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    Flibanserin: Risk potential vs. possible benefit

    Kathryn WheelerKathryn WheelerOn August 18, 2015, FDA approved flibanserin (Addyi; Sprout Pharmaceuticals) for the treatment of premenopausal women experiencing distress resulting from acquired generalized hypoactive sexual desire disorder (HSDD) not caused by a medical or psychiatric condition, relationship problems, or the effects of medications or other substances. 

    In October 2015, the manufacturer made the drug available by for prescribing and appropriate use. Because of concerns about adverse effects, training through the Addyi REMS program is required for prescribers and pharmacies that want to participate in the medication use process for this drug. Prescribers must also complete the Addyi REMS provider-patient agreement form with each patient before prescribing Addyi.

    See also: FDA approves new Pradaxa reversal agent

     

    Efficacy

    Flibanserin is a 5-HT1A receptor agonist and a 5-HT2A receptor antagonist: As such, through unknown mechanisms it affects pleasure pathways of the brain and affects a woman’s sense of sexual desire.

    The drug’s efficacy, which led to its FDA approval, was based primarily on three 24-week, randomized, double-blind, placebo-controlled clinical trials. Participants in these trials were premenopausal women experiencing significant distress or relationship difficulties due to acquired, generalized HSDD for at least six months and who previously had no concerns with sexual desire.

    See also: Patiromer approved for the management of hyperkalemia

    Participants received either 100 mg flibanserin (1,227 participants) at bedtime or placebo (1,238 participants). Change in monthly satisfying sexual events (SSEs) from baseline to week 24 and in sexual desire as calculated by participant diary responses (studies 1 and 2) or the Female Sexual Function Index (FSFI) (study 3) served as co-primary endpoints in the studies. The FSFI was assessed as a secondary endpoint in studies 1 and 2. All three trials assessed the degree of bother, an aspect of distress, experienced in relation to low sexual desire as a secondary endpoint.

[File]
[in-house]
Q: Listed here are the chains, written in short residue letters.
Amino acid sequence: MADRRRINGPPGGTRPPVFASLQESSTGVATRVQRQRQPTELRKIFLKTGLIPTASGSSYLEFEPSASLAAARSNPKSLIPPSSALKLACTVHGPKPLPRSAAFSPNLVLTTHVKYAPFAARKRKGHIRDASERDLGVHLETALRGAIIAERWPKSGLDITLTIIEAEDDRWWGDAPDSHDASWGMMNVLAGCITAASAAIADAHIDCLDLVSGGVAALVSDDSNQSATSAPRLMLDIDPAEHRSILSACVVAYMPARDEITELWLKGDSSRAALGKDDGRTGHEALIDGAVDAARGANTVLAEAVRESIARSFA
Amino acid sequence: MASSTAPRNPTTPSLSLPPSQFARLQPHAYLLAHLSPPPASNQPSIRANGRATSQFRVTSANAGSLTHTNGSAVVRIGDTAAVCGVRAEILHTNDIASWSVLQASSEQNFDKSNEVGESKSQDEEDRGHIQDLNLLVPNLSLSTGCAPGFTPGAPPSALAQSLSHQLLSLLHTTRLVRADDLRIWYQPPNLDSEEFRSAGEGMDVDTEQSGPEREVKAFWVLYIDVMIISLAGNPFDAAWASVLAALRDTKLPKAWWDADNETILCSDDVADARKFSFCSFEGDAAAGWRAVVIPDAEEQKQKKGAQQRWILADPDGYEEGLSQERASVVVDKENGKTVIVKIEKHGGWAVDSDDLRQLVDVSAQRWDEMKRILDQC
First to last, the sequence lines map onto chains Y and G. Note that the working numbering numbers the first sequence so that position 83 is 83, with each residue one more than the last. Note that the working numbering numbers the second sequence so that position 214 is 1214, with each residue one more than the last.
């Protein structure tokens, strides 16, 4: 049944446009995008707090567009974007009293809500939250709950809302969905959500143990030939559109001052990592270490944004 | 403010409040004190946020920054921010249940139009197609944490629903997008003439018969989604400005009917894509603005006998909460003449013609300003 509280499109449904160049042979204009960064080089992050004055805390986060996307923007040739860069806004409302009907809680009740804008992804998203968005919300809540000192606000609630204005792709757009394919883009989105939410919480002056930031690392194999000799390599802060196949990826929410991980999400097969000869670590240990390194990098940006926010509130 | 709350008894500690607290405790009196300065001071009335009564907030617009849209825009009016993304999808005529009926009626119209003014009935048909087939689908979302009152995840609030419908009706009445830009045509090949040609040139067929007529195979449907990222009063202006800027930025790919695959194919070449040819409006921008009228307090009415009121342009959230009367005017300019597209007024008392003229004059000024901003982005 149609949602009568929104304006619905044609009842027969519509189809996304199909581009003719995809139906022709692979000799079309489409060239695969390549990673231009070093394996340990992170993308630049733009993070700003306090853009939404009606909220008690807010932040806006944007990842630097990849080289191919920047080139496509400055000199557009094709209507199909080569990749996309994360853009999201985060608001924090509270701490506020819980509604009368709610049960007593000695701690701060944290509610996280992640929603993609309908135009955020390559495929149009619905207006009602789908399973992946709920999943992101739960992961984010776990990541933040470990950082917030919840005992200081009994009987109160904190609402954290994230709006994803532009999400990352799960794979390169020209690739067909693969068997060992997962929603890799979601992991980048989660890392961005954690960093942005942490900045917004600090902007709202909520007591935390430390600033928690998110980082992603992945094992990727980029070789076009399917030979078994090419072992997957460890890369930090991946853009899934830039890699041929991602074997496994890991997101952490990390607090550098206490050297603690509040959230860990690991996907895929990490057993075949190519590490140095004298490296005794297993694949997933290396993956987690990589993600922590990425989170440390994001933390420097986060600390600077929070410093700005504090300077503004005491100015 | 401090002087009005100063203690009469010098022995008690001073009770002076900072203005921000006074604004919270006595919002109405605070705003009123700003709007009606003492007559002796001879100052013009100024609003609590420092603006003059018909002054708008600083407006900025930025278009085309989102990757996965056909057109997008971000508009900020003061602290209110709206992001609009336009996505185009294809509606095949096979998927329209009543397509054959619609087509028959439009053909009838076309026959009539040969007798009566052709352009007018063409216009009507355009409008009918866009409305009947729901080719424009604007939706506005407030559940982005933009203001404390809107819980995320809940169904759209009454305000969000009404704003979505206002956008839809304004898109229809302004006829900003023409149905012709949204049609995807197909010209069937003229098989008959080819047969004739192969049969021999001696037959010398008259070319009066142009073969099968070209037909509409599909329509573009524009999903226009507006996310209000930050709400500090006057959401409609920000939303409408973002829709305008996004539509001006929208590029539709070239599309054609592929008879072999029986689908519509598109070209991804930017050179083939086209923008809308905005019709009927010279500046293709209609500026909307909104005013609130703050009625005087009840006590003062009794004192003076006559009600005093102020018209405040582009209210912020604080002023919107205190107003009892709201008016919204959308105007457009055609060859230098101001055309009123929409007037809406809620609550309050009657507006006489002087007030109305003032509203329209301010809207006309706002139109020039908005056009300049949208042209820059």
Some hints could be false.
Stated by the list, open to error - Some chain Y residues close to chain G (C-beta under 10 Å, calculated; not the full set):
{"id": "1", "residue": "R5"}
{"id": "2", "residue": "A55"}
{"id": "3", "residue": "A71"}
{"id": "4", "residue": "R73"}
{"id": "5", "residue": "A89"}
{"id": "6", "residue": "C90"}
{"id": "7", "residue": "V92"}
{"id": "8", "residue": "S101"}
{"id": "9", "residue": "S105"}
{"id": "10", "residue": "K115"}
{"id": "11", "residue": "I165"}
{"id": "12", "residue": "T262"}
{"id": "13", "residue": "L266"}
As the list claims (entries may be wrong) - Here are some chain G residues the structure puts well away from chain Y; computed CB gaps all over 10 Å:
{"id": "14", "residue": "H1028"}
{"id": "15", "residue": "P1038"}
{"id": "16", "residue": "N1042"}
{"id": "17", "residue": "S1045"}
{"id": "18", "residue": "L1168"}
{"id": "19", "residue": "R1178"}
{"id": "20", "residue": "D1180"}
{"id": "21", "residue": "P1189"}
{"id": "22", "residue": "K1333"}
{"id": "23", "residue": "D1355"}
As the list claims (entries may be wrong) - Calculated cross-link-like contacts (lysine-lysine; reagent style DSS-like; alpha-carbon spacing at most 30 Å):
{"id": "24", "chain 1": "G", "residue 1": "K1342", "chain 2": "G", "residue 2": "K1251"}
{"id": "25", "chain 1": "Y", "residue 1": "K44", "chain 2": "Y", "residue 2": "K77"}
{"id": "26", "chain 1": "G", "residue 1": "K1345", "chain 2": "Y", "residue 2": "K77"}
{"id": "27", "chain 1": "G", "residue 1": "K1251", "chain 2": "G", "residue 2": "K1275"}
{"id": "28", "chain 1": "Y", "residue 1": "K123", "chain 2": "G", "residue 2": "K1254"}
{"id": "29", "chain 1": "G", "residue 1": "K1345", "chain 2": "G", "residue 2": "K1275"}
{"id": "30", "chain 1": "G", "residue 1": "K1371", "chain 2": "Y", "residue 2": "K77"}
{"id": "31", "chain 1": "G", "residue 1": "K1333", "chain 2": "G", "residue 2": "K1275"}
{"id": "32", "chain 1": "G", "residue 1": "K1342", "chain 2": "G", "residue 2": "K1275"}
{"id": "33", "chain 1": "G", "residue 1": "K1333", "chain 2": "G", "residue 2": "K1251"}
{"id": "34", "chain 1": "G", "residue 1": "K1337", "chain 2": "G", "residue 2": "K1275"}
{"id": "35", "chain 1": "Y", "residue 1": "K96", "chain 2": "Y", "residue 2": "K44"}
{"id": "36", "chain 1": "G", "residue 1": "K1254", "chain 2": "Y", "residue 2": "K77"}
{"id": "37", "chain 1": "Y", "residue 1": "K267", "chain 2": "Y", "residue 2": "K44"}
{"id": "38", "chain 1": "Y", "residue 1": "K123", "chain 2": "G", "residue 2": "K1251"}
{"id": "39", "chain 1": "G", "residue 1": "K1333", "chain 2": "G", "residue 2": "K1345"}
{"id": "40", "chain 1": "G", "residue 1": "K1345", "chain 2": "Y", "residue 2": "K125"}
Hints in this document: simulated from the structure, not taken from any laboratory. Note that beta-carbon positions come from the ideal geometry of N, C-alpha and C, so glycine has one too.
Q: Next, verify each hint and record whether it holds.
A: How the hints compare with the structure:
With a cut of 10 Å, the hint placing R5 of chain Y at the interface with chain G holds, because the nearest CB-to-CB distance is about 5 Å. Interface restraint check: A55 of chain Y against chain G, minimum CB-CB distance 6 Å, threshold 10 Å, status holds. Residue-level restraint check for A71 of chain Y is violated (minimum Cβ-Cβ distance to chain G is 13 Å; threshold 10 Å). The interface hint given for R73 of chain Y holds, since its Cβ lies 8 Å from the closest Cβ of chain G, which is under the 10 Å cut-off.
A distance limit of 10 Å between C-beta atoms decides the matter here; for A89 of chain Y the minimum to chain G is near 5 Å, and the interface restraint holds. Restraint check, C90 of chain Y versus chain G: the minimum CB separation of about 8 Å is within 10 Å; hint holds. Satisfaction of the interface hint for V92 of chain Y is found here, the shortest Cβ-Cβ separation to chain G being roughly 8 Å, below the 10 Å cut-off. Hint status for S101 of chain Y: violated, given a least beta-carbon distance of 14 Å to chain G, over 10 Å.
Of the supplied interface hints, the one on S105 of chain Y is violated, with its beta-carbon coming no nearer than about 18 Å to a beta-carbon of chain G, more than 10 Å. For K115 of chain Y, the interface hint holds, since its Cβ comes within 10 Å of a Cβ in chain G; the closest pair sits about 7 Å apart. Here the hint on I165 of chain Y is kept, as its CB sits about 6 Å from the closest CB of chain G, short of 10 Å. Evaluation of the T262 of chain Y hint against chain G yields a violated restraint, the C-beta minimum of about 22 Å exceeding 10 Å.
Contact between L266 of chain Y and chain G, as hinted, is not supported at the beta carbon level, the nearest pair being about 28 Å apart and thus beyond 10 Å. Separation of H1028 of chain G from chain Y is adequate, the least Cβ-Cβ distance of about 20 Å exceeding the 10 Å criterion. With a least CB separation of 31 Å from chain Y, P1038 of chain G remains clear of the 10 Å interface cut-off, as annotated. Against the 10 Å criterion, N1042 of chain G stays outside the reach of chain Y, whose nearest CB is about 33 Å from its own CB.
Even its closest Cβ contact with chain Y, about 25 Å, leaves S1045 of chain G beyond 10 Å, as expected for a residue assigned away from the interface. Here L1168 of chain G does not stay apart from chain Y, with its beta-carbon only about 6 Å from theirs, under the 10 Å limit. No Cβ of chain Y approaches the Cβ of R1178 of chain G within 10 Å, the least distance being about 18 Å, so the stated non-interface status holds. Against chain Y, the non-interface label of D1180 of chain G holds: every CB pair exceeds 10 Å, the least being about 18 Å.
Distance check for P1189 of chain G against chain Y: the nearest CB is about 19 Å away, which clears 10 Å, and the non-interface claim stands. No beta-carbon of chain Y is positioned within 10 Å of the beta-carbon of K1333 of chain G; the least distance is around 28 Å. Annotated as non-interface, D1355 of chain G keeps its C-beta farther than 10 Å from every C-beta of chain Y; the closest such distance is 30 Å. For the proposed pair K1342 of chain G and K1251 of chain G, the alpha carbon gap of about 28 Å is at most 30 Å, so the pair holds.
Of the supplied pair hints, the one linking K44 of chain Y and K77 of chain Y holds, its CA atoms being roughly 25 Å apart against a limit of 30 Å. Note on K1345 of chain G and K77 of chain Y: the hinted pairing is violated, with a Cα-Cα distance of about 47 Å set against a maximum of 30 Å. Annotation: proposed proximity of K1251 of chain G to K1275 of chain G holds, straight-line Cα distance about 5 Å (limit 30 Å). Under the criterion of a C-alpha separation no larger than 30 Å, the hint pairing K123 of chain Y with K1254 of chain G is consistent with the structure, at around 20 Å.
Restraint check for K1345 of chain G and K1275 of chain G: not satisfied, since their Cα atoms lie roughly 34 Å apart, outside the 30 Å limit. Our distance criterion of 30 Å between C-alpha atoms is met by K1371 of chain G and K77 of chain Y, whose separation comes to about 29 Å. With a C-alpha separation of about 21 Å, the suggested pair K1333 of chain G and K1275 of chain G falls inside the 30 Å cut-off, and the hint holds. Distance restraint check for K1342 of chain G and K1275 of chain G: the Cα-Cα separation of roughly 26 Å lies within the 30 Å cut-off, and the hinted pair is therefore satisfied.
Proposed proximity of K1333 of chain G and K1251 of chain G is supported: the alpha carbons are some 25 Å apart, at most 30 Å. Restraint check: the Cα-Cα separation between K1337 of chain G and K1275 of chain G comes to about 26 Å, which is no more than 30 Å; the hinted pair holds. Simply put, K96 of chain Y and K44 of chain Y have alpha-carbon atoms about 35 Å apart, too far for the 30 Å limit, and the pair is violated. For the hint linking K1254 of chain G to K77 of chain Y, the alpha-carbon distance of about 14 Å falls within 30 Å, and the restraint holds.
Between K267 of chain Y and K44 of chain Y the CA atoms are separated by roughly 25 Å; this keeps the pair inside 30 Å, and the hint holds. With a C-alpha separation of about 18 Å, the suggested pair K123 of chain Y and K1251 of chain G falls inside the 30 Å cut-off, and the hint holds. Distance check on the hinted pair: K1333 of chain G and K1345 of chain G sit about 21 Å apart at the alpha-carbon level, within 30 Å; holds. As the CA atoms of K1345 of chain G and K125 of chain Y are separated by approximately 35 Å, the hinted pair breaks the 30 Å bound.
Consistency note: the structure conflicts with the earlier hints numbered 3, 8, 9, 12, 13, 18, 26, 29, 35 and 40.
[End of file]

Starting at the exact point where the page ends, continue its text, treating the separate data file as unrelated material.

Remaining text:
Participants taking flibanserin had an average increase of 0.5 to 1.0 SSE per month compared to participants taking placebo.  Measures of distress demonstrated that participants taking flibanserin “frequently” to “always” experienced distress related to low desire at baseline; by week 24, they experienced distress “occasionally” to “frequently.”  

     

    Safety

    Flibanserin is not indicated for treatment of HSDD in postmenopausal women, for use in men, or for enhancement of sexual performance. Addyi carries a boxed warning citing severe hypotension and syncope, particularly when used by patients with hepatic impairment or when taken in combination with alcohol, moderate to strong CYP3A4 inhibitors, or certain herbal supplements. Flibanserin use is contraindicated in these circumstances.

    Certified pharmacies may dispense flibanserin only pursuant to a prescription from a certified prescriber. Every patient must be counseled to abstain from alcohol during treatment with flibanserin to avoid the increased risk of syncope associated with concomitant use. In trials, the most common adverse effects associated with flibanserin included dizziness, nausea, tiredness, difficulty sleeping, and dry mouth. 

    A simulated driving impairment and cognition study was performed to evaluate the residual effects of bedtime flibanserin dosing on awakening the next day.  In these tests, flibanserin demonstrated effects similar to placebo after seven hours of sleep.  In light of these results, it might be prudent to counsel patients not to drive or perform tasks requiring attention within seven hours of taking flibanserin — at least until the patient knows how she will react to the medication.

    Kathryn Wheeler, PharmD, BCPS
    Kathryn Wheeler, PharmD, BCPS, is assistant clinical professor of pharmacy practice, University of Connecticut School of Pharmacy, ...

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